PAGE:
Monday,23 July, 2018
Current issue | Issue 1202, (19 -25 June 2014)
Monday,23 July, 2018
Issue 1202, (19 -25 June 2014)

Ahram Weekly

Benefitting Iran

The rise of the Islamic State of Iraq and Syria in northern Iraq may present a new opportunity for Iran, writes Camelia Entekhabifard

Al-Ahram Weekly

Prime Minister of Iraq Nuri Al-Maliki has caused one of the biggest security challenges for his own nation and for other countries because he has not given enough space to Sunnis in his Shia-dominated government.

The Islamic State of Iraq and Syria (ISIS) swept through towns in the north of Iraq, halting its advance outside the capital Baghdad on Sunday. Horrifying photographs and videos published on the Internet of massacres by the ISIS show massive executions of Iraqi soldiers.

At the same time there have been reports of Iran’s military intervention to confront the ISIS, some claiming that the powerful commander of the Iranian Al-Quds Force has been seen in Iraqi Kurdistan. While Iran has denied any military presence in Iraq, President Hassan Rouhani said on Saturday that if the Iraqi government asked for assistance in solving the crisis, Iran would consider cooperating.

Iran has also signalled its willingness to cooperate with the US if need be, indicating that it would be willing to intervene in Iraq alongside US forces. This contrasts with earlier reports that the Iranian Revolutionary Guards were at odds with former Iranian president Mahmoud Ahmadinejad, causing diplomatic problems for Iran. It now seems that the Guards have good relations with Rouhani, meaning that the government will be powerful enough to deal with international matters.

Since the election of Rouhani, the government has focussed on foreign policy, notably Iran’s controversial nuclear programme. Without the Revolutionary Guards’ support, Rouhani and his nuclear negotiation team would not have been able to move a finger, let alone reach a deal with the Western powers. 

In recent days, Iran has been getting closer to reaching a final deal with the West, and Foreign Minister Mohamed Javad Zarif has even met with long-term adversary the US, something that could not have happened without authorisation at the highest level.

From Iran’s point of view, the ISIS poses a regional threat by promoting Sunni-Shia confrontation in Iraq. It also knows that the group could attract Iranian Sunnis to join it, causing a national security problem.

From America’s point of view, the challenge is to confront an ideology like that of Al-Qaeda, since the ISIS has plans to create a radical Islamist state and challenge US interests in this part of the world.

Iran has influence among Shia groups in Iraq and good relations with Al-Maliki’s government, and it can mobilise these in order to collaborate with the United States. “Iran wouldn’t enter this conflict on its own. It could give Iraq logistical, training and advisory support, but it would not send fighters over the frontier,” said an Iranian official.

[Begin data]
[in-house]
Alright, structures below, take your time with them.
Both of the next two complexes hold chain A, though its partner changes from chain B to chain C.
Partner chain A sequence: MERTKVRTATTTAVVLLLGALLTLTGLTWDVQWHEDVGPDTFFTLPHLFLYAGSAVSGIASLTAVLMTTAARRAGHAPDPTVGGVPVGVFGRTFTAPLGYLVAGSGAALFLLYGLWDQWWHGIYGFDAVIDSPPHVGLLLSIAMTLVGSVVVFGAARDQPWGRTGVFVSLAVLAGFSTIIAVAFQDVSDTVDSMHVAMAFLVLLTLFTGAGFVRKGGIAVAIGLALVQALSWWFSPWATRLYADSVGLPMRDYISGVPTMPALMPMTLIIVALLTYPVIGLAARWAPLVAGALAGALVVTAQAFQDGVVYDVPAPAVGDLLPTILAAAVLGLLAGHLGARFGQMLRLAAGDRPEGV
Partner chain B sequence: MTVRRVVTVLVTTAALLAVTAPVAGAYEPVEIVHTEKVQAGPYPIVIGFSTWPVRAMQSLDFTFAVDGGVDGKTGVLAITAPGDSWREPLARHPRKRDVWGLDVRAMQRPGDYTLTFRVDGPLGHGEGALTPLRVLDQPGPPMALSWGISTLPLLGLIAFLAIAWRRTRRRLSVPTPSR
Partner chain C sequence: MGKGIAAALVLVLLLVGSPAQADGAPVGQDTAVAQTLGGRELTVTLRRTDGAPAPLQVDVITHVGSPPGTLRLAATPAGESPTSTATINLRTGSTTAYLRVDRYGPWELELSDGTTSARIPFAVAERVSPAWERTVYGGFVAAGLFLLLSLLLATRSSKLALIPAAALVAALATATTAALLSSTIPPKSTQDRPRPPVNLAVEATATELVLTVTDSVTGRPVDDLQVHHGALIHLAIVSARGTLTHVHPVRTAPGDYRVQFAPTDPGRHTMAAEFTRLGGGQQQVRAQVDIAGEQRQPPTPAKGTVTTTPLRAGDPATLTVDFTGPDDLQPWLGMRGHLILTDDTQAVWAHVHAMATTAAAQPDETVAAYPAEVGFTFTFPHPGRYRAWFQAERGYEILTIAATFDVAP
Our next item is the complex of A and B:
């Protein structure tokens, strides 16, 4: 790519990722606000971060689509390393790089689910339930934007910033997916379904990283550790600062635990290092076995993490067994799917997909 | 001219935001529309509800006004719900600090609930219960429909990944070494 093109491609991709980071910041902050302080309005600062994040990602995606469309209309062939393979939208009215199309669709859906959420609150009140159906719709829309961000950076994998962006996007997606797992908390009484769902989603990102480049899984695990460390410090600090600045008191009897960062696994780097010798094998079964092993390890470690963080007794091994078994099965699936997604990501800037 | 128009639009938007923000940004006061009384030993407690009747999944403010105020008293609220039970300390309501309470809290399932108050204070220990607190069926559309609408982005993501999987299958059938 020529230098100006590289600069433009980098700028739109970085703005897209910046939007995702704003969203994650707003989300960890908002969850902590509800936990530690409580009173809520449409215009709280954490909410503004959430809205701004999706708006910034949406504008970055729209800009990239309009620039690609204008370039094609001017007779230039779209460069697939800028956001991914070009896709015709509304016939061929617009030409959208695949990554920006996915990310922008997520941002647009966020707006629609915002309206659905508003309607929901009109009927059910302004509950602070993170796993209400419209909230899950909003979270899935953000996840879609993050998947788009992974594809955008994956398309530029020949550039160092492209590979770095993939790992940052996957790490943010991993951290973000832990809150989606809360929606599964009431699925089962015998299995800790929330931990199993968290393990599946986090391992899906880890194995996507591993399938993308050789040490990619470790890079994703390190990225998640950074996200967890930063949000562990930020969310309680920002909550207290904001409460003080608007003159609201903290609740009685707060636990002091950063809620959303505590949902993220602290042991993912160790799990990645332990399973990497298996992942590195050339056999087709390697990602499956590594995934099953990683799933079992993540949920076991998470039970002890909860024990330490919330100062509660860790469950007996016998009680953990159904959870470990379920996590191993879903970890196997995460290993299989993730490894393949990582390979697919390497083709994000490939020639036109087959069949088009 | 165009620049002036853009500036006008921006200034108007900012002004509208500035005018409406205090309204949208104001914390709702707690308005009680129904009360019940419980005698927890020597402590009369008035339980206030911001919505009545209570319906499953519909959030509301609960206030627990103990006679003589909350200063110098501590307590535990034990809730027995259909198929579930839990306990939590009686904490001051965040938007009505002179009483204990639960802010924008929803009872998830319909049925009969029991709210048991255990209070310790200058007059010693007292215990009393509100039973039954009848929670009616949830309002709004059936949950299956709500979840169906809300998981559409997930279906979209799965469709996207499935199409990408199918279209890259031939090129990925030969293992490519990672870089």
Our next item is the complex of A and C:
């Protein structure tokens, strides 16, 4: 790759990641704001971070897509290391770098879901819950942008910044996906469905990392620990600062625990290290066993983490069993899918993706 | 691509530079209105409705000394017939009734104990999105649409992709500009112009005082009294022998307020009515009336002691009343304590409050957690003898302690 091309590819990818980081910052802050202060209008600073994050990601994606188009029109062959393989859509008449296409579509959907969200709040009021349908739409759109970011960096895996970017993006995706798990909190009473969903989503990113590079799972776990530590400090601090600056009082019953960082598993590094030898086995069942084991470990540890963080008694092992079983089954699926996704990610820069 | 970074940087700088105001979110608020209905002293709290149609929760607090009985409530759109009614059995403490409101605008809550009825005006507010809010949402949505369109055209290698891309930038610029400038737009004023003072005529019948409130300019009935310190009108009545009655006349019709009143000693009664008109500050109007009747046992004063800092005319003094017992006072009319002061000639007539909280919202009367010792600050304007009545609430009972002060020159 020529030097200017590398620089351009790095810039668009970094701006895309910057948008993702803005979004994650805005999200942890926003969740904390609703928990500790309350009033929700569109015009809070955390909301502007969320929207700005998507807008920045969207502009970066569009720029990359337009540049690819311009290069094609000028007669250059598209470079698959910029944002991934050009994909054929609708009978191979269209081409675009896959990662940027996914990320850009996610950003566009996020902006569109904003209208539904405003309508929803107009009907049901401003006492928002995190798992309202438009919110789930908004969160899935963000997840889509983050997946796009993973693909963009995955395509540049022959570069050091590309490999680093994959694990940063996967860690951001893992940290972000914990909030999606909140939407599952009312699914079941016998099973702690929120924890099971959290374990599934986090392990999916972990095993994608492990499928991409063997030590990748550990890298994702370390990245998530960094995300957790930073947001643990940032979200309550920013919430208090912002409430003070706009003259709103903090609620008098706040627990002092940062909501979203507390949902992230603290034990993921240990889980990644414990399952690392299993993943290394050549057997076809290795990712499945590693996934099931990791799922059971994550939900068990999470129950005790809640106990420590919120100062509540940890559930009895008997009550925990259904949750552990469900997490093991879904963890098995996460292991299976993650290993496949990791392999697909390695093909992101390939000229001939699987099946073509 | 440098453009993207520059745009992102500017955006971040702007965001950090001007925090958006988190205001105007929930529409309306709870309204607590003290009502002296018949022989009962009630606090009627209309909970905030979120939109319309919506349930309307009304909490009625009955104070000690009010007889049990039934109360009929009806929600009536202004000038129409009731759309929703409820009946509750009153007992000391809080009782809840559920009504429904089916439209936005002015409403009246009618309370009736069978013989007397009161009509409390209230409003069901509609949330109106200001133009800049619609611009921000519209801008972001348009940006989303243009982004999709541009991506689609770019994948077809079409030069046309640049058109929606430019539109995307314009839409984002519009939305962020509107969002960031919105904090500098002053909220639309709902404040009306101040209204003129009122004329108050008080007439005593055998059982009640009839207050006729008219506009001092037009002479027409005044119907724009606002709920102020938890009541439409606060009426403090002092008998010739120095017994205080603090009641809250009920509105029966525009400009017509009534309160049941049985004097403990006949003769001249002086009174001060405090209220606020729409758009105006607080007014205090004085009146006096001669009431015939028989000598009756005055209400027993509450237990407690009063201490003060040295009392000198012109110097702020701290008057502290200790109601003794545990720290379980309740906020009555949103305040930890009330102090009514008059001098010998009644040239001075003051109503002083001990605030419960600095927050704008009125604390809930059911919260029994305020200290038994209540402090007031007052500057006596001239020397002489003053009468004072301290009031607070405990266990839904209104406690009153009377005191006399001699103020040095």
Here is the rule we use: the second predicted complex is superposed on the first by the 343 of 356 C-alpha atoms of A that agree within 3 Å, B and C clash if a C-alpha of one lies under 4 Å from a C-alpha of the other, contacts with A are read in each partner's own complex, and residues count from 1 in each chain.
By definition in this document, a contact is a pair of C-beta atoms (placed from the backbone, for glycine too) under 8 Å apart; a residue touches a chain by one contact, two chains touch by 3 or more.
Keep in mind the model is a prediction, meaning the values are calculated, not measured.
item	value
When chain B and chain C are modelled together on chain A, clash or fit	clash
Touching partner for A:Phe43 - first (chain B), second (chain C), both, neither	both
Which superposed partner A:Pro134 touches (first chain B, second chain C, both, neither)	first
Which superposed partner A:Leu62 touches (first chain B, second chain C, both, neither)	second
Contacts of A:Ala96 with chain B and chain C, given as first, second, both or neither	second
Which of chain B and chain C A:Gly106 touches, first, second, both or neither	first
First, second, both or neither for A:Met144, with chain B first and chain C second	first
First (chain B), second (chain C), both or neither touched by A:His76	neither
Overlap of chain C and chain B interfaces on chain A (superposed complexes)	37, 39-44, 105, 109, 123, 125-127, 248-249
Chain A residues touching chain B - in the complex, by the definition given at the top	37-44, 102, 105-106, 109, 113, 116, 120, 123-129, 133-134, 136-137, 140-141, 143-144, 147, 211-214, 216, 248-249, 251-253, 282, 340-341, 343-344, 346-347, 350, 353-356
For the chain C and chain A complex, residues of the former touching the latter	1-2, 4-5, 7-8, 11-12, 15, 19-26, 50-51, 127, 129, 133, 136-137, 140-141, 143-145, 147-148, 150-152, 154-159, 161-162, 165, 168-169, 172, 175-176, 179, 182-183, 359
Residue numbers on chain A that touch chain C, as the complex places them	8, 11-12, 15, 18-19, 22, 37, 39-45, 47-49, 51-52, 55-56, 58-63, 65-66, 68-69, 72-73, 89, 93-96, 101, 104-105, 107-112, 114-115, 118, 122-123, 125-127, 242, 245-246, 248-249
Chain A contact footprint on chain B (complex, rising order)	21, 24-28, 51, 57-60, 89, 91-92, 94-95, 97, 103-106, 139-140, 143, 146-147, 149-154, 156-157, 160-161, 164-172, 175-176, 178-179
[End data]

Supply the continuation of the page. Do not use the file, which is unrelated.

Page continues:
“Now there is harmony between the Revolutionary Guards and the government, meaning that the government is working closely with them on this matter,” he said.

The international media has been full of speculation about possible Iran-US talks during the talks in Vienna on June 16, as US official William Burns is attending the P5+1 talks with Iran.

Mohamed Javad Zarif, Iran’s skilled foreign minister who has earned a great reputation among the Western powers, apparently has been authorised by the country’s supreme leader Ayatollah Khamenei to stick to the matter at hand in the nuclear talks.

Zarif has frequently said that he will not engage in other subjects during the nuclear talks, sticking to the red lines drawn by Khamenei for him.

If Iran and the US are going to meet on the sidelines of the nuclear talks this week to talk about bilateral cooperation on Iraq, it means that Zarif has been authorised to do so by the supreme leader.

If this is the case and Zarif has been authorised to conduct talks with the US on Iraq, what he agrees could be accepted by the Revolutionary Guards and could be agreed also by the US administration.

On 15 June, US Senator Lindsey Graham said that Washington needed Iran’s involvement to prevent a government collapse in Iraq and should open talks with Tehran. “We are probably going to need their help to hold Baghdad,” Graham, a Republican, told the US network CBS.

Apparently, the US recognises the need for cooperation with Iran to stop one of the worst security crises in Iraq since the sectarian bloodshed following the toppling of former president Saddam Hussein in 2003.

The foreign media has reported the presence of 130 members of the Revolutionary Guards in Iraq, deployed as an advisory team. Sources speaking on condition of anonymity confirmed that the guards were present, but said that they were there to give Al-Maliki and the Iraqi army “psychological support.”

“We don’t want to get involved directly. It would cost us a lot and possible cause a backlash among Sunnis in the region and provoke our own Sunni population too. Our present role is limited to intelligence, training and advice,” he said.

However, in reality this is an opportunity for Iran to build trust with the US and at the same time to use US capabilities to fend off countries that are US allies but are backing the ISIS. If the ISIS retaliates for what is being called the “lost war” in Syria by striking Iran’s interests in the region, then this could shift US foreign policy towards Iran in a positive way.

Rouhani is no longer interested in negotiating with intermediates over Iran’s interests with the US. Direct talks with the US have surprised countries in the region, and soon they may become routine. This is what Rouhani has frequently called the action of a logical and constructive government.

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